Com­ing Out Se­ries

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Who is Lee­lah Al­corn?

“When I was 14, I learned what trans­gen­der meant and cried of hap­pi­ness. Af­ter 10 years of con­fu­sion, I finally un­der­stood who I was. I im­me­di­ately told my mom, and she re­acted ex­tremely neg­a­tively, telling me that it was a phase, that I would never truly be a girl, that God doesn’t make mis­takes, that I am wrong. If you are read­ing this, par­ents, please don’t tell this to your kids. Even if you are Chris­tian or are against trans­gen­der peo­ple don’t ever say that to some­one, es­pe­cially your kid. That won’t do any­thing but make them hate them­self. That’s ex­actly what it did to me.”

- Lee­lah Al­corn

In the first two parts of our “Com­ing Out Se­ries,” we talked about how to be a sup­port­ive par­ent, how to re­act in tough con­ver­sa­tions, and how dif­fi­cult it is, es­pe­cially for teens, to feel com­fort­able be­com­ing who they truly are. We’ve touched on the iso­la­tion one can feel, how some re­sort to self- med­i­cat­ing to cope with life’s chal­lenges, con­ver­sion ther­apy, and the so­ci­etal re­jec­tion they ex­pe­ri­ence on a daily ba­sis. We ex­plored the alarm­ing statis­tics on sui­cide rates in the LGBTQ+ com­mu­nity and this month, we’re shar­ing the story of Lee­lah Al­corn, a trans­gen­der fe­male teen who has dev­as­tat­ingly proven the ac­cu­racy of those statis­tics.

Lee­lah was a young woman from Ohio who, in 2016, walked in front of traf­fic on a busy high­way. Af­ter be­ing sent to a con­ver­sion camp by her par­ents, she couldn’t see the light at the end of the tun­nel and de­cided to take her own life. As adults, most of us have the per­spec­tive and life ex­pe­ri­ence to know that the tough times even­tu­ally pass and we have the power to take con­trol of dif­fi­cult sit­u­a­tions. If we don’t feel sup­ported by the fam­ily we are born into, we can find a com­mu­nity or group of like- minded in­di­vid­u­als for sup­port and to know we’re not alone. How­ever, most teens haven’t had the op­por­tu­nity to fig­ure that out.

Lee­lah was as­signed male at birth and named Joshua Al­corn. She was born to a seem­ingly av­er­age fam­ily, they at­tended church, loved their chil­dren, and tried to raise them ac­cord­ing to their per­sonal be­liefs. At four­teen, Lee­lah dis­cov­ered what “trans­gen­der” meant and ev­ery­thing fell into place. All the con­fu­sion she felt, all the years of try­ing to fit into a per­sona she wasn’t meant to be, it was finally over. She had found a way to be­come the woman she was meant to be.

When Lee­lah came out as trans­gen­der to her mother, it wasn’t met with love and ac­cep­tance, but rather with scorn. There was no gray area when it came to God’s word: she was liv­ing an im­moral life, con­fused, and needed to be sent away to learn how to be a “nor­mal” boy again.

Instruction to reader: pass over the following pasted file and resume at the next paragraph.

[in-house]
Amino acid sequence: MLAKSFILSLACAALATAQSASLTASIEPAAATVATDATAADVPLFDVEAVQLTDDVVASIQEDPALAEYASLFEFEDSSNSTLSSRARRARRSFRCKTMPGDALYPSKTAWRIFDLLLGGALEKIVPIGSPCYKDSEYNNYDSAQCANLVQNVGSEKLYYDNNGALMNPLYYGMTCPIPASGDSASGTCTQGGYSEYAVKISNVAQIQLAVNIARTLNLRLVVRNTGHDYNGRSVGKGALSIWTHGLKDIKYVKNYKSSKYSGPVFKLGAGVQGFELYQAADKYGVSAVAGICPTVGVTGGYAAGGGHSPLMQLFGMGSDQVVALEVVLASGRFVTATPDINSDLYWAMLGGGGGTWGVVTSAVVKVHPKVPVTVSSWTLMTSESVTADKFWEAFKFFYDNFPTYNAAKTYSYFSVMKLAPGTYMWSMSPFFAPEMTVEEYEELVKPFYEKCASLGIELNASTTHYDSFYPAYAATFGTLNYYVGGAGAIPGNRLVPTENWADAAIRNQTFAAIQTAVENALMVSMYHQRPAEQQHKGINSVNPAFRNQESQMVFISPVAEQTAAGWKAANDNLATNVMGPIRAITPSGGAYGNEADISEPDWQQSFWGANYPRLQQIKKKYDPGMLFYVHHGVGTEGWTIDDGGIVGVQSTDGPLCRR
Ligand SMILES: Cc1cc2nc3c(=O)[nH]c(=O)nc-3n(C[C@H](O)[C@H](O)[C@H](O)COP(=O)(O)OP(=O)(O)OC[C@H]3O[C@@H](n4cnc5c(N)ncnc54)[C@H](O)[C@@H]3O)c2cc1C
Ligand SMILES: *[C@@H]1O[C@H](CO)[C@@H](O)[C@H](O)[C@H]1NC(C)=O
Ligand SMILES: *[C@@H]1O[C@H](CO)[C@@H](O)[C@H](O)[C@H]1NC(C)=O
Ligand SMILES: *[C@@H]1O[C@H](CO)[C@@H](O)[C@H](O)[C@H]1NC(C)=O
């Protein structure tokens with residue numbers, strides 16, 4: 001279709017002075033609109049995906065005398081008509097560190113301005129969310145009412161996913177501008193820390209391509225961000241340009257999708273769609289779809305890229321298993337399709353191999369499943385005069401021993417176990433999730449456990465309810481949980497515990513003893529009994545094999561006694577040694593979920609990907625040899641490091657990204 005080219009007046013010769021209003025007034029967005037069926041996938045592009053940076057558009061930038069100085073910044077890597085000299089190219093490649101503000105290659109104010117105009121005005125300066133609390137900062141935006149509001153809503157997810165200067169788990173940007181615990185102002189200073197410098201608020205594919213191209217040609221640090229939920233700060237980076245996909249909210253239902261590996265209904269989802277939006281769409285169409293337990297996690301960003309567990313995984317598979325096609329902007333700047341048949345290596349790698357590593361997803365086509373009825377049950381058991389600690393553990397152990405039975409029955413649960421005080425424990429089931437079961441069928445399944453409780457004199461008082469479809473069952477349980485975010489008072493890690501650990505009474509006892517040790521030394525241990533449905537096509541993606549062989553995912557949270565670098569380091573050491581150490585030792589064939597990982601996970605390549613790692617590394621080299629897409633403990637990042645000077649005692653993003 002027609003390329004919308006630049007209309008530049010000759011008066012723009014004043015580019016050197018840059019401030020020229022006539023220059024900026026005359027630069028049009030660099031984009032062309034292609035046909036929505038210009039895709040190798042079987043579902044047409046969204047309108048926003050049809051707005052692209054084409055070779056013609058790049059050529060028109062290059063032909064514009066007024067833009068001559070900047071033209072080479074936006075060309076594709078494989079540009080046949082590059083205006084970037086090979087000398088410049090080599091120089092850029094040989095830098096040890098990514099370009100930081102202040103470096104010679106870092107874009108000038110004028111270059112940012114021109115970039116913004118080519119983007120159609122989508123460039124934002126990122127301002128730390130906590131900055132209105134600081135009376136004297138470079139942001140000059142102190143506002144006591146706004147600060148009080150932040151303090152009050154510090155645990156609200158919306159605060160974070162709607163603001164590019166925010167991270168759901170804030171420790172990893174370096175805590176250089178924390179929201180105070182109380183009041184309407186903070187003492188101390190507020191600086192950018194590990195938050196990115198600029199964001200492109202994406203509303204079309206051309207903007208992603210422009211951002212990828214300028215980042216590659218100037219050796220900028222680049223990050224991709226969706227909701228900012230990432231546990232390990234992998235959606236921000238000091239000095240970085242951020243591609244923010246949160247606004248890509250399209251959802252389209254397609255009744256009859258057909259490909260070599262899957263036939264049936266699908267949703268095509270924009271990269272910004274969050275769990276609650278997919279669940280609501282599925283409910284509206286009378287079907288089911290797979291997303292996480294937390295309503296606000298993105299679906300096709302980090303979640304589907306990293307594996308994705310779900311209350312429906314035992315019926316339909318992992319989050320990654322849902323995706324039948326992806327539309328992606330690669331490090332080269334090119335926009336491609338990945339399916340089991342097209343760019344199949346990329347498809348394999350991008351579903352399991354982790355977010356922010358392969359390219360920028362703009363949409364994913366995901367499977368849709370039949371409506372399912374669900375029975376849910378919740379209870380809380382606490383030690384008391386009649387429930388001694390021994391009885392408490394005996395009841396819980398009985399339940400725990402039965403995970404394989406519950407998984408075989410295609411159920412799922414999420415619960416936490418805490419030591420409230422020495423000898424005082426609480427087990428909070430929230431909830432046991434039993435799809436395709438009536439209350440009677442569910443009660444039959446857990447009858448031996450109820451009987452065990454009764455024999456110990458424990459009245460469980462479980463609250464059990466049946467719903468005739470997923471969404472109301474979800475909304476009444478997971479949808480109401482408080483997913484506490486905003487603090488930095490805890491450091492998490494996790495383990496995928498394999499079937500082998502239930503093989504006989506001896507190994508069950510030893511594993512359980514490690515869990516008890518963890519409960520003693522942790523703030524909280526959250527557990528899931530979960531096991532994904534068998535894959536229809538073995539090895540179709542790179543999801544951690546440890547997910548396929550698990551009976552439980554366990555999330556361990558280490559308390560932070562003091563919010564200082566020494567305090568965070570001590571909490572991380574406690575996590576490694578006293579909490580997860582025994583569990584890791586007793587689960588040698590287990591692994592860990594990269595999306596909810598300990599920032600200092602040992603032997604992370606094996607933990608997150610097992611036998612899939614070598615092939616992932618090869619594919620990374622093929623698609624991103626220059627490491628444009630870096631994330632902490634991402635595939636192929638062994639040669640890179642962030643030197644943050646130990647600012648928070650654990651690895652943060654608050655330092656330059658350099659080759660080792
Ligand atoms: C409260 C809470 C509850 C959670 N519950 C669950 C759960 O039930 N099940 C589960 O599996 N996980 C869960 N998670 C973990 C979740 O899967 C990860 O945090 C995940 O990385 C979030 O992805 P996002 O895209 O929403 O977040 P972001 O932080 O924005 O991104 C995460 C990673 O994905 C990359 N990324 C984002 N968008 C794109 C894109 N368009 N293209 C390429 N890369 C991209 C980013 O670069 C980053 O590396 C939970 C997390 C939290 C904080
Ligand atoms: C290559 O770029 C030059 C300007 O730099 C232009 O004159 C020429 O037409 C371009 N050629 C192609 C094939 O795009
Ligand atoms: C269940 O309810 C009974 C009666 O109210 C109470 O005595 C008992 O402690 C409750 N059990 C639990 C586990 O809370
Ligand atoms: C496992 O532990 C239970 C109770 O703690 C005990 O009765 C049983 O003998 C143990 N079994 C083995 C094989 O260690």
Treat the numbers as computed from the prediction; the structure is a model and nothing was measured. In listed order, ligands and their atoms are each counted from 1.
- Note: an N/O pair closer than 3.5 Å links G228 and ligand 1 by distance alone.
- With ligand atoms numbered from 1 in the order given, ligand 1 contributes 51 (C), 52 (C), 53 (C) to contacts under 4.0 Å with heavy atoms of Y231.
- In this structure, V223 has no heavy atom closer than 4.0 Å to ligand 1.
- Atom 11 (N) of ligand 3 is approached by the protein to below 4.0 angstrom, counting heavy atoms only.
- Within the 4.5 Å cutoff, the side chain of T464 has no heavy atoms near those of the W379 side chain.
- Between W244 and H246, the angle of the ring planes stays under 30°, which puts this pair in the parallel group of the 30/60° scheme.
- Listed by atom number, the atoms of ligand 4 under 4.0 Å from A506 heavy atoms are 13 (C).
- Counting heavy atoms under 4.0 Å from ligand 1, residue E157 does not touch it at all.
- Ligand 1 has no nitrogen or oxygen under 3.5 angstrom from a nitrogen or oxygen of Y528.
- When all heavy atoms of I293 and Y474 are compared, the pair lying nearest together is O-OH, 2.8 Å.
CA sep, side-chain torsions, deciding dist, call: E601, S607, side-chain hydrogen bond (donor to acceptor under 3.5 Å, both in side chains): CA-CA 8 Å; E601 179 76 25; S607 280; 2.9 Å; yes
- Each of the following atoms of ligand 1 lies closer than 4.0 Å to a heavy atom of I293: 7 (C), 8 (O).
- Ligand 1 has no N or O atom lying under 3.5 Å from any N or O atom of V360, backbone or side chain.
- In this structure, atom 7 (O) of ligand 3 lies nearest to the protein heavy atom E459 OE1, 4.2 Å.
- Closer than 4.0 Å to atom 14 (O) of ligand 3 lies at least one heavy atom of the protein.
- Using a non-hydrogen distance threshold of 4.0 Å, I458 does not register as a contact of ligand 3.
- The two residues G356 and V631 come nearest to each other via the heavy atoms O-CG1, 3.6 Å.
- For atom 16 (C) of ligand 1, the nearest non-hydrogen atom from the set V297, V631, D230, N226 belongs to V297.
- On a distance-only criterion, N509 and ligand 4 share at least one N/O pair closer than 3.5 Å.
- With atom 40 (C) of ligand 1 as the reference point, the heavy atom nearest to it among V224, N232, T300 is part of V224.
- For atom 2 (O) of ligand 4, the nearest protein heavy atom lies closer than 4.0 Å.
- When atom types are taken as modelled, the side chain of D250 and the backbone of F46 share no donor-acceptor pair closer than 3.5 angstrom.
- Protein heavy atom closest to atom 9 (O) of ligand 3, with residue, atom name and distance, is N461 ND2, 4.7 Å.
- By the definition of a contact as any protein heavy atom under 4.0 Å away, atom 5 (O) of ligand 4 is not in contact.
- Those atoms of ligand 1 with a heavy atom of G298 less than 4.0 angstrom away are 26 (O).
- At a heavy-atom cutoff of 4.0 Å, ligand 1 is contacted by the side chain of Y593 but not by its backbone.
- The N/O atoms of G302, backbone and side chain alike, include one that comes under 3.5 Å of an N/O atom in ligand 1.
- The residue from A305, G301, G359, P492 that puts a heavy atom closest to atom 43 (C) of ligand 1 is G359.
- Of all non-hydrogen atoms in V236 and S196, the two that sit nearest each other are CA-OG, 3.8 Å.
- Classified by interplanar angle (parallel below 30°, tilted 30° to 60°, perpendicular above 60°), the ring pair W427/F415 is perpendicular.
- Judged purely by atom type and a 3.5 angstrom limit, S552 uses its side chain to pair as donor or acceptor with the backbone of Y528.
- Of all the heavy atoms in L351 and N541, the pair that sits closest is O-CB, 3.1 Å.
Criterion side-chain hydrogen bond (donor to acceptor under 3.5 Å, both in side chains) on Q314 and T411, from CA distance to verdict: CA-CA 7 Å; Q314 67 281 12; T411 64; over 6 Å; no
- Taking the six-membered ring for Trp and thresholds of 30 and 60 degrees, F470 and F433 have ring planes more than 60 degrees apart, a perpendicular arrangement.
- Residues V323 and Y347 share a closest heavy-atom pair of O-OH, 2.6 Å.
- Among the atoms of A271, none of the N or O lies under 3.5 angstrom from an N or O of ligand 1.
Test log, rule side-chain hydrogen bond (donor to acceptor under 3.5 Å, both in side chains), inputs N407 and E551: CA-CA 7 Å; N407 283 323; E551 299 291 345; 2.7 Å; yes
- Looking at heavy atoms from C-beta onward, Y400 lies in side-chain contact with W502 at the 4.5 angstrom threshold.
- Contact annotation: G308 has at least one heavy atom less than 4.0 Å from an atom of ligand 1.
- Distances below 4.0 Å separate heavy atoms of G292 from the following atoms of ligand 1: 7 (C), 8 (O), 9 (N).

It is es­ti­mated that roughly 20,000 LGBTQ+ ado­les­cents, be­tween the ages of 13 and 17, will be sent to con­ver­sion ther­apy be­fore they turn 18. In these ther­apy ses­sions, they will be sub­jected to iso­la­tion, hor­mone treat­ments, and even elec­troshock ther­apy in an at­tempt to “cure” them. If this isn’t hor­ri­fy­ing enough, some in­di­vid­u­als have even been sub­jected to elec­tric shock to their gen­i­tals, while nau­sea- in­duc­ing drugs are ad­min­is­tered. The United Na­tions Tor­ture Com­mit­tee has pub­licly rec­og­nized con­ver­sion ther­apy as a form of tor­ture, but peo­ple are try­ing to pass it off as a help­ful and ef­fec­tive treat­ment.

As par­ents, it’s hard to even be­gin to imag­ine some­one caus­ing our chil­dren harm. Just think­ing about it is enough to make one’s blood boil. It is un­fath­omable to see that there are par­ents who not only send their kids to these camps and ther­a­pies, but they are ac­tu­ally pay­ing some­one to tor­ture their child, all un­der the guise of “treat­ment.” It is heart­break­ing how one’s per­sonal be­liefs some­how make it ok to treat peo­ple this way. Par­ent­ing is sup­posed to be about love, un­der­stand­ing, and ac­cep­tance, not forc­ing one’s child into a pre­de­ter­mined ideal.

Lee­lah’s par­ents have made lim­ited state­ments, how­ever, those few state­ments spoke louder than any pub­lic an­nounce­ment ever could. Even in death, her mother re­ferred to her as “Joshua,” her son.

“We don’t sup­port that, re­li­giously,” Al­corn’s mother told the me­dia. “But we told him that we loved him un­con­di­tion­ally. We loved him no mat­ter what. I loved my son. Peo­ple need to know that I loved him. He was a good kid, a good boy.”

The back­lash was in­tense. Hun­dreds, if not thou­sands of peo­ple wrote about it, Twit­ter was a firestorm of hash­tags sup­port­ing the trans­gen­der com­mu­nity, but how has this af­fected change? One of Lee­lah’s fi­nal state­ments was a call to arms, “My death needs to mean some­thing. My death needs to be counted in the num­ber of trans­gen­der peo­ple who com­mit sui­cide this year. I want some­one to look at that num­ber and say, ‘ that’s f*** ed up.’”

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